MarkAudio-SOTA is a name that not a ton of people outside of the hardcore audiophile world know. It’s a collaboration between Mark Audio and SOTA Acoustics (obviously) and over the past few years, they’ve been putting out some seriously good stuff - albeit in a kind of low-key way. And even if you’re new to the world of audio, there’s a lot to love about the Cesti T - a floorstanding speaker with some terrific design and audio quality. In this review, we break down the Cesti T’s design, sound, packaging and accessories, specs and more, as well as how it compares to other models. You can also check out our video review.
 

Design:

Normally, we avoid getting on a high horse about colors. If you want to order your headphones in a weird and wonderful shade of puce or cerulean, that’s your problem. But in this case, we’re going to have an opinion, and it reads thus: if you get your pair of MarkAudio-SOTA Cesti Ts in anything but candy-apple red, you are forbidden from visiting this site in the future. Seriously. Don’t test us. We can make it happen.

Big and beautiful: the Cesti T speaker | The Master Switch

These are among the most gorgeous floorstanding speakers we’ve ever seen. From a distance, they don’t look especially different, save for the absolutely fantastic color scheme. But a close examination shows that they really do have some hidden depths. Where so many other speakers are just big black boxes, all right angles and jutting corners, the Cesti Ts revel in the curve. The cabinet, which is finished in a smooth lacquer, is subtly rounded on the top edges, a shape which is easy on the eye, and which helps the speakers slide naturally into a room.

We’ll talk about the sound quality in the section below, but here, we want to mention the drivers, and how they slot into the design. There are three main drivers on each speaker: two 4.4” units, and a 2” unit. There’s a base port around the front, roughly the same size of the tweeter, and another around the back. What’s interesting is how these drivers are integrated into the Cabinet itself. They are not quite flush with the surface, set slightly back from it in circular depressions. Looking at them, we can’t help but think of ripples in a pond – doubtless the intention of the Cesti T’s designer.

These ripples aren’t just design elements, either; they actually have a sonic purpose. They are not quite symmetrical, positioned slightly off-center on each housing, a subtle guide to which speakers left and which is right. They also have a beneficial effect on the sound, so we are told, helping to guide it right into the sweet spot. More thoughts on this below. For now, we’re pretty convinced that these are among the best looking speakers of any we’ve tested. Compare them to something like the Audiovector SR3 Signature, far more expensive speaker with more powerful sound (understandably) but far clunkier design. You might pick them if you wanted to really blow away your audiophile friends, but if you want a speaker that looks as good as it sounds, we know which one we’re going for.

The Cesti Ts have subtle ripple effects on the drivers - known as waveguides | The Master Switch

Around the back, you’ll find a pair of well-designed binding posts. Unlike so many other models, these are easy to use, with thick, textured spinners that travel well under the fingers. These aren’t the heaviest of loudspeakers, either; at just over 44lbs each, they are simple enough to manoeuvre into space, and they won’t take up much of it either. At a mere 35” high, they’ll slot right into any environment you like, although we would advise positioning them slightly away from the wall, to let the bass port at the back make its full impact.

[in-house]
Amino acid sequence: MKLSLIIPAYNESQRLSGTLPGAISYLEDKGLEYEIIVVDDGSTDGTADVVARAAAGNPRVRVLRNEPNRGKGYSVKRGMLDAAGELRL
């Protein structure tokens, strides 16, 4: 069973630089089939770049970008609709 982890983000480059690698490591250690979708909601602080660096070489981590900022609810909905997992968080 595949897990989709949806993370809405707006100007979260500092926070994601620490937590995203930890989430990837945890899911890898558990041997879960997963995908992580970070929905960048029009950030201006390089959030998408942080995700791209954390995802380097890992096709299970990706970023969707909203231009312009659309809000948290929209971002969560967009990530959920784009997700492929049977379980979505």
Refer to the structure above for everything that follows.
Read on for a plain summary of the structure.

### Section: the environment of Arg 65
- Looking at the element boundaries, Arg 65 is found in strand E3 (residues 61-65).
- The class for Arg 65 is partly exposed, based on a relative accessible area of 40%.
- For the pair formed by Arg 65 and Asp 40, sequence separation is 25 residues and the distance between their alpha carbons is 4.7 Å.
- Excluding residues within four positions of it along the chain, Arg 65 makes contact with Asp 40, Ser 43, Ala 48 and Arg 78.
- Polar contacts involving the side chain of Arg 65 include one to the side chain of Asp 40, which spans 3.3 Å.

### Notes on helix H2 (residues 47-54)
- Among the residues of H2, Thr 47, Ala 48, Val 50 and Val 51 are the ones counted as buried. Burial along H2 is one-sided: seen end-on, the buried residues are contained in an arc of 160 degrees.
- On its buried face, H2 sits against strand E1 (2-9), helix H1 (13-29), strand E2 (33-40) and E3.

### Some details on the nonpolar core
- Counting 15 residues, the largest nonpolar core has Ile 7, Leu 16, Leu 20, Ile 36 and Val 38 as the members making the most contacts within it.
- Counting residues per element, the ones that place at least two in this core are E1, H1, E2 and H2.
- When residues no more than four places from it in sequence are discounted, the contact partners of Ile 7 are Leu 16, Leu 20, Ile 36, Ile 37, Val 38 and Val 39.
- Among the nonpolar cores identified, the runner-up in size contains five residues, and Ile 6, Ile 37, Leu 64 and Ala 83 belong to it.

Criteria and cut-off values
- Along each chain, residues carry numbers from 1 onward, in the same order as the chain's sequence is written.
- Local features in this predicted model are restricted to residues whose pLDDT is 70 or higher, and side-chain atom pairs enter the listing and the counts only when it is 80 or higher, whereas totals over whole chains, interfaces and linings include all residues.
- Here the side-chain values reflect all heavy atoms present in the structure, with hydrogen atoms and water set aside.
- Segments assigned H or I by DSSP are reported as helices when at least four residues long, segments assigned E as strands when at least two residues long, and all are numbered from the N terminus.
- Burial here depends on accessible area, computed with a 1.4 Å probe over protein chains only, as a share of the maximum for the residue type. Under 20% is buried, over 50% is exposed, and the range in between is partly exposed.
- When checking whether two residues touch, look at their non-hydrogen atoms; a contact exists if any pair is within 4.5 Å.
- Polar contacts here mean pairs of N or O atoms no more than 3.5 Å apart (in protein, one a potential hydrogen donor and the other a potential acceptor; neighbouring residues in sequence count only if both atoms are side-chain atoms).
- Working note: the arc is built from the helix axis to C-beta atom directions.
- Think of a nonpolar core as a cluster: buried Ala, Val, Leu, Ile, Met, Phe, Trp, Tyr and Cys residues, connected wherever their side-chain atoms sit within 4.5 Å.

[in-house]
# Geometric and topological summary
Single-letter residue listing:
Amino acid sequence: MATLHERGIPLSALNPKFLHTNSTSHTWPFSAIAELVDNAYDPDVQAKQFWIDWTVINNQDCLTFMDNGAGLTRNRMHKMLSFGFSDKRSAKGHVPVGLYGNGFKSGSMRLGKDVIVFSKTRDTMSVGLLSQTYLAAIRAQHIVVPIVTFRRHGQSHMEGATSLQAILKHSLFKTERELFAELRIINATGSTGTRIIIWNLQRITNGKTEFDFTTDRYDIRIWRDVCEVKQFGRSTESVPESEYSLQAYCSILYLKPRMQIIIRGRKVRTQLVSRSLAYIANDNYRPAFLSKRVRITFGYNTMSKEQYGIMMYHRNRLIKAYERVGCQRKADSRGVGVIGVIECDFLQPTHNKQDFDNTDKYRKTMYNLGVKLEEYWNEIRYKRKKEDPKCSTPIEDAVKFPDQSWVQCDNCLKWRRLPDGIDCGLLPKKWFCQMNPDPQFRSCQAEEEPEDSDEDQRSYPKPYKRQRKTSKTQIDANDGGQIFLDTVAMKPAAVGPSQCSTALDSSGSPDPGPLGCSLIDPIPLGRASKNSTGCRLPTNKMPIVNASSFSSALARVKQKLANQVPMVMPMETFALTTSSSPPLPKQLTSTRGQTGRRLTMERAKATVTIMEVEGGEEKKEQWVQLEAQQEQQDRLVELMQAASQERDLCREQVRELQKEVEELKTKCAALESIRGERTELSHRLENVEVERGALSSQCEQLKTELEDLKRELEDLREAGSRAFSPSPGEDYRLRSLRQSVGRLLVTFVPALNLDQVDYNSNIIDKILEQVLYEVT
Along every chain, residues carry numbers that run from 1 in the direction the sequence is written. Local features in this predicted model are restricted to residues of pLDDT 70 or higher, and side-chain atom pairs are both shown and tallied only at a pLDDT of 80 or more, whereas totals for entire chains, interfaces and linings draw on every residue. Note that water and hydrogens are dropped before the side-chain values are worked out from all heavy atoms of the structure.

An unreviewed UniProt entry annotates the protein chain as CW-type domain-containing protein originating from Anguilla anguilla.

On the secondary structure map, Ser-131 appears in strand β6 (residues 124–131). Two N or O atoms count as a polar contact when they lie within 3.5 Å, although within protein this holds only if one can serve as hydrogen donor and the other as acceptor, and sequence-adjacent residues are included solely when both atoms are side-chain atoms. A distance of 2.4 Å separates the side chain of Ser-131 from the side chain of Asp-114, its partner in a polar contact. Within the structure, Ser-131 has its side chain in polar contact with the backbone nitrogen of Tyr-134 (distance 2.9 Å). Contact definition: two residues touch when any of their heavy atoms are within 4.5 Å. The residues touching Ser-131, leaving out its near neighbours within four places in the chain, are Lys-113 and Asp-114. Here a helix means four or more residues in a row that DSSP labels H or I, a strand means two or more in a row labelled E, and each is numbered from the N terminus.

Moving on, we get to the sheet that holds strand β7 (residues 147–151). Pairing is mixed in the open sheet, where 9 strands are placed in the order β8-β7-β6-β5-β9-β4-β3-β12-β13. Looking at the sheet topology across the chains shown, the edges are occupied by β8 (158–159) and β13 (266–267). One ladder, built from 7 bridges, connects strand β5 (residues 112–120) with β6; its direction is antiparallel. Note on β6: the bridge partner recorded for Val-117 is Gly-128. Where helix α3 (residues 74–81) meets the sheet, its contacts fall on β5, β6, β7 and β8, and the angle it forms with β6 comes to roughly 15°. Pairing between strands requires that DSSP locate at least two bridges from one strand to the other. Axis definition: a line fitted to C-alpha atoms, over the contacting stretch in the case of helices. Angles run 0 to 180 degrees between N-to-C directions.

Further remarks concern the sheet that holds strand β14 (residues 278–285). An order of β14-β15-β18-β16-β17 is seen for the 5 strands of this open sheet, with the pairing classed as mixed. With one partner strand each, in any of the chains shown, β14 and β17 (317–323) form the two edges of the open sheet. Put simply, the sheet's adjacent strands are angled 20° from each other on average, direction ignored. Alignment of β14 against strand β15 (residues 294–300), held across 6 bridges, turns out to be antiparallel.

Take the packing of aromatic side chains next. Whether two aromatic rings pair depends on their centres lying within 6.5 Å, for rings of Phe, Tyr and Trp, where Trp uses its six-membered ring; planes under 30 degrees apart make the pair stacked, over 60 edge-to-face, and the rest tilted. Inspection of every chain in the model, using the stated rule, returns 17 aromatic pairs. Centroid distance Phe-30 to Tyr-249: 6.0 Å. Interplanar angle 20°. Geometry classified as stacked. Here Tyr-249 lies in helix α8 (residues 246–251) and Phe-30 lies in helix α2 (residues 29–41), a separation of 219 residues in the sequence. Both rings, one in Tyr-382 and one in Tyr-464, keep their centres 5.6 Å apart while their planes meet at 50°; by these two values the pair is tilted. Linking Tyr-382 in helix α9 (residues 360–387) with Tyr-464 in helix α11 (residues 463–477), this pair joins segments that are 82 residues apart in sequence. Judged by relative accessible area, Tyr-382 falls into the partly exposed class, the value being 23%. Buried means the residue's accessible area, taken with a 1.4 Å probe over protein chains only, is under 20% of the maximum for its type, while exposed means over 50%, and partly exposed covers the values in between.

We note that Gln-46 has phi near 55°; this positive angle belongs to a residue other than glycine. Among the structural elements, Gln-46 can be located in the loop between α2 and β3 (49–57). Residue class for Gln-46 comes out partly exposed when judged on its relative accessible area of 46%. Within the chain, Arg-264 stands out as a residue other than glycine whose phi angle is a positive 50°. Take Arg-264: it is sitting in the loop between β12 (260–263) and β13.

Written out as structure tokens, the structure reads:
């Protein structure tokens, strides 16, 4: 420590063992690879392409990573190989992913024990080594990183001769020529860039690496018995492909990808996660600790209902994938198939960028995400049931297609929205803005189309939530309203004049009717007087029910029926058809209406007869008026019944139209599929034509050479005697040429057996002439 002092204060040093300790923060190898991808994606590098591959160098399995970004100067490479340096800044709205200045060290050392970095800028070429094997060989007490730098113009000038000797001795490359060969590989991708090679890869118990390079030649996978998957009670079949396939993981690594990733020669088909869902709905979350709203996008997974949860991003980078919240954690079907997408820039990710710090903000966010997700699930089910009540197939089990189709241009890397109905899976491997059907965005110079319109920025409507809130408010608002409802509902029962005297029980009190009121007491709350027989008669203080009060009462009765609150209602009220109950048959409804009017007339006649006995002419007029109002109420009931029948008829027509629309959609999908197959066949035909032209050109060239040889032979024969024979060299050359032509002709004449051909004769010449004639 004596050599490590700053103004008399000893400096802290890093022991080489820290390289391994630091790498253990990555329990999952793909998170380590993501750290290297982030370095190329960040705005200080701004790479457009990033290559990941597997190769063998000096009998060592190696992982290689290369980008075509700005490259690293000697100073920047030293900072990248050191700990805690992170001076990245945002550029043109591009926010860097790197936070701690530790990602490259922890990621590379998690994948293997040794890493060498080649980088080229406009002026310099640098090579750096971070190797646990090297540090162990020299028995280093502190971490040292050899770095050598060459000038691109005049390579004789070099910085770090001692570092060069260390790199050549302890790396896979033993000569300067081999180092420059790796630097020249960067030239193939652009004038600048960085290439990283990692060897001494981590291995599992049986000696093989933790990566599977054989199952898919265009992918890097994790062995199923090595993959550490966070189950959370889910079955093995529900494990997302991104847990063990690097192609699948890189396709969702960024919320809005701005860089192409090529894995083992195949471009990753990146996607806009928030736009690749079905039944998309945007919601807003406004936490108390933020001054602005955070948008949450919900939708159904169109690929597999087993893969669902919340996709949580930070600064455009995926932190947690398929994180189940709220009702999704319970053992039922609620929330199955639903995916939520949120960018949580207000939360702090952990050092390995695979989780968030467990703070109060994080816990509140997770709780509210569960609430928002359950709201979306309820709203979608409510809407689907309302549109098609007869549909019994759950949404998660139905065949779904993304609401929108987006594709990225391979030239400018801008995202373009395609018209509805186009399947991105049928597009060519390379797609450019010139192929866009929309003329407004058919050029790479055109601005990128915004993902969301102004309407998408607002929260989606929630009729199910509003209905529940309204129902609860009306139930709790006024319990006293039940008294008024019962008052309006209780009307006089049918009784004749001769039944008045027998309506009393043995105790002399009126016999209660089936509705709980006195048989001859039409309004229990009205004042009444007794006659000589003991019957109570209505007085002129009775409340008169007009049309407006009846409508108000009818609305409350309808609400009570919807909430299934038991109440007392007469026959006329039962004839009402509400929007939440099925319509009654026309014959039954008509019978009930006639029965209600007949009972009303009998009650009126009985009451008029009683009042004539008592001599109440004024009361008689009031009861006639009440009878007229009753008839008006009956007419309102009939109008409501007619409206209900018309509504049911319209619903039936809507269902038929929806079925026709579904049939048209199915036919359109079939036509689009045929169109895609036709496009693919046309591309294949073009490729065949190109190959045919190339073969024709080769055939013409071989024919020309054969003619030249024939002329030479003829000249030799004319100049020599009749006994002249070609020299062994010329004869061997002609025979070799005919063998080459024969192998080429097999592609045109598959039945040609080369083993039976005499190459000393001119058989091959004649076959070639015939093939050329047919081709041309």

The company offers a thirty-day trial period, during which you can return your speakers if they are to your liking. We’ve asked the company to let us know if they offer an extended warranty, and we will update here when that info comes through.

But all in all, these speakers really score, in terms of design. They are absolutely gorgeous, with an attention to detail that puts most other speaker companies to shame, a level of styling and nuance that speaks of luxurious Italian Riviera homes and handmade leather shoes. We like. We like very much.

Bass ports occupy both front and rear of the speaker | The Master Switch

Sound:

There are a few things you need to know about the sound that comes out of the speakers.

Despite the number of drivers, the crossover marks these out as two-way speakers; a highly-tuned bit of engineering that really helps maximize the power of the drivers. The drivers, by the way, are full-range, all three the same cone construction, and the combination of the subtle crossover, the driver design and the overall tuning means the audio blends harmoniously. Because whether you’re au fait with the jargon or not (here’s a good explainer we put together), there’s no question that the sound of the Cesti Ts live up to their price tag. These are some mighty fine speakers.

Overall, the impression is one of very tight, very controlled balance, with some absolutely wonderful tone and harmonics. These are among the most musical speakers we’ve ever tested – in fact, in the time we had them, we tested them in multiple combinations, including in a full 5.1 home theater setup and as part of a hi-fi setup with a stereo amp, and although they performed fine with movies and series - good, but nothing spectacular - they absolutely blew our minds when it came to music. The detail on these things is just absolutely extraordinary, with a very light touch in the high-end. More importantly, there’s a real sense but a huge amount of work has gone into making these sound not just good, but fantastic. It’s always pleasing to be on the receiving end of genuinely expert audio knowledge, especially when being on the receiving end means listening to a lot of your favorite music.

An info panel round the back of the Cesti T - handy! | The Master Switch

It helps that the soundstage is absolutely extraordinary. No doubt assisted by those ripples – known as waveguides, in the industry, and not as uncommon as they used to be – the sense of space and imaging was just breathtaking. Particularly in things like orchestral tracks, or movie soundtracks. There was a huge world inside the speakers, and all we needed to unlock it was a little bit of amplifier power. Truly extraordinary.